Volcanic Iceland Epic Trip
meet our Local Insider
HOW LONG HAVE YOU BEEN A GUIDE?
WHAT DO YOU LOVE ABOUT YOUR JOB?
It's the personal contact, the personal experiences. I love meeting people from all over the world... I really like getting to know everyone and feeling like I'm traveling with a group of friends.
WHAT DESTINATION IS ON YOUR TRAVEL BUCKET-LIST?
I have so many places on my list, but I would really lobe to go to Africa. I consider myself an “adventure girl” and Africa feels like the ULTIMATE adventure!
Every CULTURE TRIP Small-group adventure is led by a Local Insider just like Hanna.
KEEN TO EXPLORE THE WORLD?
Connect with like-minded people on our premium trips curated by local insiders and with care for the world
Since you are here, we would like to share our vision for the future of travel - and the direction Culture Trip is moving in.
Culture Trip launched in 2011 with a simple yet passionate mission: to inspire people to go beyond their boundaries and experience what makes a place, its people and its culture special and meaningful — and this is still in our DNA today. We are proud that, for more than a decade, millions like you have trusted our award-winning recommendations by people who deeply understand what makes certain places and communities so special.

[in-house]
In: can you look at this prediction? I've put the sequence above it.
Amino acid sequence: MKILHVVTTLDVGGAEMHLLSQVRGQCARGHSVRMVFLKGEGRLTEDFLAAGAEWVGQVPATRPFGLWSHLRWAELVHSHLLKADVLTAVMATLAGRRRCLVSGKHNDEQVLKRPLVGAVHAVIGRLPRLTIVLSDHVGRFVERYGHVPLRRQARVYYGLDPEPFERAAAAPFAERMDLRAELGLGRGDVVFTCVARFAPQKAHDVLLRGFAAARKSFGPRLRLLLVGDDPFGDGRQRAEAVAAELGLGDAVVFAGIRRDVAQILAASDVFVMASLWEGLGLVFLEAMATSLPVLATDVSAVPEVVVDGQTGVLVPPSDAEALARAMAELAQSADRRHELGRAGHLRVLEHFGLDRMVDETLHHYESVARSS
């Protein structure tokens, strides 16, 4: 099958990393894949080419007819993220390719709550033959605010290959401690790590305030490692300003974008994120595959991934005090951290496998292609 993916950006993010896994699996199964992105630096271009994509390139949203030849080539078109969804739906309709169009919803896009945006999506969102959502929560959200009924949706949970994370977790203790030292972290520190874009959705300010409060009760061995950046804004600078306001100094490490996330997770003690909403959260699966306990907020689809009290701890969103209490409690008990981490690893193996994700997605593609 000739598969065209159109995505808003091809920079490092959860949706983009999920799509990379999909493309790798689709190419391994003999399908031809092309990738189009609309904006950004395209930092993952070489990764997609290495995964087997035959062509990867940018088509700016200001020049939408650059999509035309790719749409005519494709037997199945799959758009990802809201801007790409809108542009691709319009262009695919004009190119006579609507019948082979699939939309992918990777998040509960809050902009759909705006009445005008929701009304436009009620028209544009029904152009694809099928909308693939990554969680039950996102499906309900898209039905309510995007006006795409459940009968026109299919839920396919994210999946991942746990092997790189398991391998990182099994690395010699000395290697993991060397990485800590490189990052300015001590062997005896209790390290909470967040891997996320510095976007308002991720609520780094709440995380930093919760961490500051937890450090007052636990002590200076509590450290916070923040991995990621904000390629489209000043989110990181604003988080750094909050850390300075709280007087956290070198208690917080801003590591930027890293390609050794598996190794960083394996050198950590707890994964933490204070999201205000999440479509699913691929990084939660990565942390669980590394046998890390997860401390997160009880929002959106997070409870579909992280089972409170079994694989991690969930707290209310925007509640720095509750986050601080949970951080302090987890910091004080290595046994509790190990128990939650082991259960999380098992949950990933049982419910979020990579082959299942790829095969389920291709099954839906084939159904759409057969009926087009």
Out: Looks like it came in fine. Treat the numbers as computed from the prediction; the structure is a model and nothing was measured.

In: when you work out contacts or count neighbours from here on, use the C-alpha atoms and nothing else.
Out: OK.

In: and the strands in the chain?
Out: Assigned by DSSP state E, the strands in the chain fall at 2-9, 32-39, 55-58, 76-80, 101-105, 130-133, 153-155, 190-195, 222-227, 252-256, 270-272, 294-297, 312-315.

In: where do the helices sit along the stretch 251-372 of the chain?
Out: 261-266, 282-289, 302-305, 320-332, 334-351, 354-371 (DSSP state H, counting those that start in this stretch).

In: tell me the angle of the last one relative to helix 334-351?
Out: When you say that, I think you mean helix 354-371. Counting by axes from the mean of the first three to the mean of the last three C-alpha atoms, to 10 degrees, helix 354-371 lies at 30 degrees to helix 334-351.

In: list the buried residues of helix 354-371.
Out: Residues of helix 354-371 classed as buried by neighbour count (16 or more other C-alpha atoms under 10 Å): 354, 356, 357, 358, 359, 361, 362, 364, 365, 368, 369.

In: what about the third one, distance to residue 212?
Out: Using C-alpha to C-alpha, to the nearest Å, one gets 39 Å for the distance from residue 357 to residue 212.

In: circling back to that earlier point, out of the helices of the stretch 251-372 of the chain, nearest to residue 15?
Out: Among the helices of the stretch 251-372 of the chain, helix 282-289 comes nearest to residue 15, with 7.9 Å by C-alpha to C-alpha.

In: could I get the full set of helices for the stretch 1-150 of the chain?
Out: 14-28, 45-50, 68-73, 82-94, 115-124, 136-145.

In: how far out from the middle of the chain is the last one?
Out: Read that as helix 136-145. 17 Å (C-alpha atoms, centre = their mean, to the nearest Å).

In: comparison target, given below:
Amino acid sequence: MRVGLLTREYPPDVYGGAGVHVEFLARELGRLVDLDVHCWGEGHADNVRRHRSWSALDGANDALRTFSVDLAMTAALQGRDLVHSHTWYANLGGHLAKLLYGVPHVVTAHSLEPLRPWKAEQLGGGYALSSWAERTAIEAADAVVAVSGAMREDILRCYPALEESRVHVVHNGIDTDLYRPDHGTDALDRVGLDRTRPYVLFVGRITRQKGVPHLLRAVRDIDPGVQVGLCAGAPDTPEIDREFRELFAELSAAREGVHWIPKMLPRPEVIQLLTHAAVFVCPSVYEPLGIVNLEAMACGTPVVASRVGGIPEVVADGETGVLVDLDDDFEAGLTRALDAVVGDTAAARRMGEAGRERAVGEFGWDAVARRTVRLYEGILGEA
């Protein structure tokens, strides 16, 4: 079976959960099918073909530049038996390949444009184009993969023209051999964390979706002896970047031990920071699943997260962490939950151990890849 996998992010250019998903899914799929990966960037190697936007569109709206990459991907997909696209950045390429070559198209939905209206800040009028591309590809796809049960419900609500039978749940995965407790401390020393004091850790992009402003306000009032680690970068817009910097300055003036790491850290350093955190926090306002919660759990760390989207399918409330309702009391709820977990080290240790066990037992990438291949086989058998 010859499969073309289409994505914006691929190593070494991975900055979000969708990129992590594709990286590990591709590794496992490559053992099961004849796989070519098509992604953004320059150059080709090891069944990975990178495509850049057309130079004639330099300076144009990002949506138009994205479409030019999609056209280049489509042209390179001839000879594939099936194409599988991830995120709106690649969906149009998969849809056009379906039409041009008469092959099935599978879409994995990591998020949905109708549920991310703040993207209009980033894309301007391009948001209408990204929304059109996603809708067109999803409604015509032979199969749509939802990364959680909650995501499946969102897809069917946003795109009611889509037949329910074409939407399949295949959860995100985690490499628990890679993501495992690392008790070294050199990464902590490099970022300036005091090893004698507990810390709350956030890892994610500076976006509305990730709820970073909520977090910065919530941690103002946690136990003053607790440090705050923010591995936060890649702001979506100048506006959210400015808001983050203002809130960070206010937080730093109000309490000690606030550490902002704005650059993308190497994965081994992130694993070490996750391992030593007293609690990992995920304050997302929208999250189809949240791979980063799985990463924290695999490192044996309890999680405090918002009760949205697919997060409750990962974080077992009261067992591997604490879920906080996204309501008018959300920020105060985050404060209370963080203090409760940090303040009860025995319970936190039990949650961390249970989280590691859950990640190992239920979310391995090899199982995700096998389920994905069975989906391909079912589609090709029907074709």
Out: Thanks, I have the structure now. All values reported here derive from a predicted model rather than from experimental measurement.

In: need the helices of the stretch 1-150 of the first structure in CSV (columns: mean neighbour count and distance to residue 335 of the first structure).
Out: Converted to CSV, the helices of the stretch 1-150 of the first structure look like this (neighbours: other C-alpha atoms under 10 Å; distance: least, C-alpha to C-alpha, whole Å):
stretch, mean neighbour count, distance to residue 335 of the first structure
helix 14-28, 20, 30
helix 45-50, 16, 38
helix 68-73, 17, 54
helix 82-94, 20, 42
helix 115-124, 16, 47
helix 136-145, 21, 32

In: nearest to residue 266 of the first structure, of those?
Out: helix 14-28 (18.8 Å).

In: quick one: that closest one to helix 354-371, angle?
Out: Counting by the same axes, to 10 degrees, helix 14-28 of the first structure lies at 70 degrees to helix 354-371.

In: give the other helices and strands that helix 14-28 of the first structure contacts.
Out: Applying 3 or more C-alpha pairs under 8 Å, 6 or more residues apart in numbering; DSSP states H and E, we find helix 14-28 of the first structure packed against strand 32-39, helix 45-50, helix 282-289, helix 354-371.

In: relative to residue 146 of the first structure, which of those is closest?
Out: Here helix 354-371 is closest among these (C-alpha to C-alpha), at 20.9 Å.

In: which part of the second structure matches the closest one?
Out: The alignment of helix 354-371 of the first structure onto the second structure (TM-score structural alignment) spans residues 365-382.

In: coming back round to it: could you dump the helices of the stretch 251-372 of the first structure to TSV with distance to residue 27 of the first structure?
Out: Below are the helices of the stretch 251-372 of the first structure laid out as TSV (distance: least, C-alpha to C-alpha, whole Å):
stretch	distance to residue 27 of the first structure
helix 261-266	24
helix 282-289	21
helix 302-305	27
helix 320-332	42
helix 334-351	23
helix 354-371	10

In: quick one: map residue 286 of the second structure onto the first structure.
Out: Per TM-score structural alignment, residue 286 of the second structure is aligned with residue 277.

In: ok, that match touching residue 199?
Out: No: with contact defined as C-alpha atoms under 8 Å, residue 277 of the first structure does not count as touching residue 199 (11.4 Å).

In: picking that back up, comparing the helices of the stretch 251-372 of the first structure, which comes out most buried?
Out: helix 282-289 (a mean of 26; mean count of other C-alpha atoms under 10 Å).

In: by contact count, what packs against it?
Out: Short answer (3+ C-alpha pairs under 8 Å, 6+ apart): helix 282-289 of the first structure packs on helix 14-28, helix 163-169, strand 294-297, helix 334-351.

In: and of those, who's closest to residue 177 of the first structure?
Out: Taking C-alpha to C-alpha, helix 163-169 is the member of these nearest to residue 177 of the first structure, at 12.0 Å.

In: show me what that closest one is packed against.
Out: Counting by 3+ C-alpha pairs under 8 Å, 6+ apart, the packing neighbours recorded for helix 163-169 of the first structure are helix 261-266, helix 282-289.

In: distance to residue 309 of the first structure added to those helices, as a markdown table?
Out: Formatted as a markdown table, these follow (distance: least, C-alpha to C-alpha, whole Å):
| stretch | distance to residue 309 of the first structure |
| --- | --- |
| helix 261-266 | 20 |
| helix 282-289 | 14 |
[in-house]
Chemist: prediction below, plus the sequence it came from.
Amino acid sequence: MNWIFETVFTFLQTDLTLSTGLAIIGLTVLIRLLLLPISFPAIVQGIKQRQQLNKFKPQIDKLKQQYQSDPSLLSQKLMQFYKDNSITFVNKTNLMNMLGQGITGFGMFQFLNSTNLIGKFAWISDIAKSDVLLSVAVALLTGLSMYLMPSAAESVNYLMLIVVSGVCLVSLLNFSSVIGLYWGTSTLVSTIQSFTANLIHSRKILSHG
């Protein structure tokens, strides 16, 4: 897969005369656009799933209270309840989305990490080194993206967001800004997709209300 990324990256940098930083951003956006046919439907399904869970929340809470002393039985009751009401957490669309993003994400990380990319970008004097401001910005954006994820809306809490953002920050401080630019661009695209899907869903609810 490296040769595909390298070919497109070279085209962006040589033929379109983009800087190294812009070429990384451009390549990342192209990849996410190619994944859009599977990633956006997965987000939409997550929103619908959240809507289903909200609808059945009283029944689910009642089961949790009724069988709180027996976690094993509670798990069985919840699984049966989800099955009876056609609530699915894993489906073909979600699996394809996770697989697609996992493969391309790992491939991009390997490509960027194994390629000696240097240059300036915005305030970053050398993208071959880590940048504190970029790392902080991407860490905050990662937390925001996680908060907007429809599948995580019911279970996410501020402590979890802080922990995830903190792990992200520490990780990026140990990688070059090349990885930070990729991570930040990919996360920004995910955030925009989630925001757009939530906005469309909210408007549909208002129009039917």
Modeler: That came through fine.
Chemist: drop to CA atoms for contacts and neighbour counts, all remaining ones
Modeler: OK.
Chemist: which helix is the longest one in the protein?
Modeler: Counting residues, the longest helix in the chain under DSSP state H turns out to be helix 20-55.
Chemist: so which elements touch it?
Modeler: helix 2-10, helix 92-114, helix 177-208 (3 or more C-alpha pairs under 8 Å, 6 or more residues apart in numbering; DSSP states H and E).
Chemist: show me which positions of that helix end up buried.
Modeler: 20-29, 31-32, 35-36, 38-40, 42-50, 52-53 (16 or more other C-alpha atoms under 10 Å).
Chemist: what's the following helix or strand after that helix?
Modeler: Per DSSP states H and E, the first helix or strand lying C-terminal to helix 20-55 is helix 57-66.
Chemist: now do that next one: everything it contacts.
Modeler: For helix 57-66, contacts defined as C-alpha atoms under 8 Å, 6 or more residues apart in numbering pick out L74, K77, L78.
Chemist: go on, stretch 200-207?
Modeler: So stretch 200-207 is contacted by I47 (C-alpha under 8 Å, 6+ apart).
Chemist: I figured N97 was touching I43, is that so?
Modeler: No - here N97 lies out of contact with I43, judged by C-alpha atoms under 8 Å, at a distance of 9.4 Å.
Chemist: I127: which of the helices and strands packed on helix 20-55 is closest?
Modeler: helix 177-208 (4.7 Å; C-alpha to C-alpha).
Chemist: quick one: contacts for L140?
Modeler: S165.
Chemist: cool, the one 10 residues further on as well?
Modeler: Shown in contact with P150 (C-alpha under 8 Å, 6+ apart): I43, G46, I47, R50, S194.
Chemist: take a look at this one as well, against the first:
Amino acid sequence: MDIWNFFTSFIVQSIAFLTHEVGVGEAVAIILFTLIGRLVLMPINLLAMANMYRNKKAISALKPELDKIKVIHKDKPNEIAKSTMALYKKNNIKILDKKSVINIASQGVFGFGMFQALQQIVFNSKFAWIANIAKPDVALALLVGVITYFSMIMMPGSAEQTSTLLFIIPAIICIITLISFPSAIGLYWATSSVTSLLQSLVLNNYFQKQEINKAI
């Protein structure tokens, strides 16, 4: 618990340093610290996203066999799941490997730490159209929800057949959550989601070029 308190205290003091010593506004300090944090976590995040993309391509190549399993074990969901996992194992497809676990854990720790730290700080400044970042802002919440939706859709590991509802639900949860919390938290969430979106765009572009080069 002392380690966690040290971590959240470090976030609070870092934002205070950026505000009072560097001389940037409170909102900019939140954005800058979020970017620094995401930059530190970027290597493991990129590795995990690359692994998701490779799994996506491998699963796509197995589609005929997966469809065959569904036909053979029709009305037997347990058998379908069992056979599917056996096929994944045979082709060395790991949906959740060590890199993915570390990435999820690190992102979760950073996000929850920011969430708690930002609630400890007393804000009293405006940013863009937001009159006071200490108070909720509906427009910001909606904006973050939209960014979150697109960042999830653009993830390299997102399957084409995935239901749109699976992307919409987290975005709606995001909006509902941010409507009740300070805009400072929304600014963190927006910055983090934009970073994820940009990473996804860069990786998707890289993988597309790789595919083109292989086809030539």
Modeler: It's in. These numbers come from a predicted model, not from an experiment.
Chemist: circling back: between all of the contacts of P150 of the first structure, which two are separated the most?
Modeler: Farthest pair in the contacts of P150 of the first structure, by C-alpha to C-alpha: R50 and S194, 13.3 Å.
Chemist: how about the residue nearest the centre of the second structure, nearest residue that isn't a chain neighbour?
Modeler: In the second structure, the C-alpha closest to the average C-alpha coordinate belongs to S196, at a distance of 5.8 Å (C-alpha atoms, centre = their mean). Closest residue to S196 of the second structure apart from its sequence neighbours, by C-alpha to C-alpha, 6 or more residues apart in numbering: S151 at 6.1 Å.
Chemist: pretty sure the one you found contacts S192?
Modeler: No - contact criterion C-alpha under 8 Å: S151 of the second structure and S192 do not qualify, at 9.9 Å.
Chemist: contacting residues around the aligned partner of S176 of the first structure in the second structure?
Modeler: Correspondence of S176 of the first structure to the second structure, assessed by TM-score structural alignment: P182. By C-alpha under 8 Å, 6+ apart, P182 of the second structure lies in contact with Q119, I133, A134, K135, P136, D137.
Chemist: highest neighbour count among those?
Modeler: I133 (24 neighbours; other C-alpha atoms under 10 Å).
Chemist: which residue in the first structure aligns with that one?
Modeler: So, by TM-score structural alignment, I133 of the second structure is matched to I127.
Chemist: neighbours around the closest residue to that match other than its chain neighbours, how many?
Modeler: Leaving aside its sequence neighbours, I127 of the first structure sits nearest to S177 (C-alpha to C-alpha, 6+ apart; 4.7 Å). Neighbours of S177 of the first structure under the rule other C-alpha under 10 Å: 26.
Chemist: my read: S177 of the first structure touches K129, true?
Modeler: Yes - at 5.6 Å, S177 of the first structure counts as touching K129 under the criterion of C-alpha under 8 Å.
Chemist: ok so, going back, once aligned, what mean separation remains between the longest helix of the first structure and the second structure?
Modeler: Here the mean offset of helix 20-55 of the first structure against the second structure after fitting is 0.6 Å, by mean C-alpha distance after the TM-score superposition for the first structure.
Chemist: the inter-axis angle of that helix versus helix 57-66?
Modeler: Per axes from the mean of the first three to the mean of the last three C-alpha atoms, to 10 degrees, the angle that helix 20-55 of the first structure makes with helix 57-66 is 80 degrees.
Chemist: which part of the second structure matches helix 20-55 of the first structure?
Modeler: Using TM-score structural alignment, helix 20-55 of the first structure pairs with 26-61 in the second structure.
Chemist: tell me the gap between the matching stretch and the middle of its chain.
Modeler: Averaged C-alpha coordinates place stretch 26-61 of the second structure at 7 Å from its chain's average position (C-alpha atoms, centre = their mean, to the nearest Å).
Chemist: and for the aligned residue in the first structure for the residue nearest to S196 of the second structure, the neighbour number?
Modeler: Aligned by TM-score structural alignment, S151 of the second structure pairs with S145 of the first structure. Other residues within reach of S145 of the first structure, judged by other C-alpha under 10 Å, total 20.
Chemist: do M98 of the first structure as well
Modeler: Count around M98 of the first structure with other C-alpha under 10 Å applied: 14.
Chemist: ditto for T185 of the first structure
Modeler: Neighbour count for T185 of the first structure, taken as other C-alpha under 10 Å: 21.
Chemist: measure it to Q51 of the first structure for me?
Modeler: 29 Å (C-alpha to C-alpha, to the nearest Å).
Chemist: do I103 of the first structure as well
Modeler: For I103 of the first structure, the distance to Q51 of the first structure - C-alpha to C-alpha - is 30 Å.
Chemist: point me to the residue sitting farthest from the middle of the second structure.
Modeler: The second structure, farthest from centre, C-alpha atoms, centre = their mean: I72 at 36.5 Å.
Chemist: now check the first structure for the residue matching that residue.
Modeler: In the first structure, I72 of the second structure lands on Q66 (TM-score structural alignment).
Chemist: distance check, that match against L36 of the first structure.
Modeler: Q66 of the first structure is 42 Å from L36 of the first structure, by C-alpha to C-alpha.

Increasingly we believe the world needs more meaningful, real-life connections between curious travellers keen to explore the world in a more responsible way. That is why we have intensively curated a collection of premium small-group trips as an invitation to meet and connect with new, like-minded people for once-in-a-lifetime experiences in three categories: Culture Trips, Rail Trips and Private Trips. Our Trips are suitable for both solo travelers, couples and friends who want to explore the world together.
Culture Trips are deeply immersive 5 to 16 days itineraries, that combine authentic local experiences, exciting activities and 4-5* accommodation to look forward to at the end of each day. Our Rail Trips are our most planet-friendly itineraries that invite you to take the scenic route, relax whilst getting under the skin of a destination. Our Private Trips are fully tailored itineraries, curated by our Travel Experts specifically for you, your friends or your family.
We know that many of you worry about the environmental impact of travel and are looking for ways of expanding horizons in ways that do minimal harm - and may even bring benefits. We are committed to go as far as possible in curating our trips with care for the planet. That is why all of our trips are flightless in destination, fully carbon offset - and we have ambitious plans to be net zero in the very near future.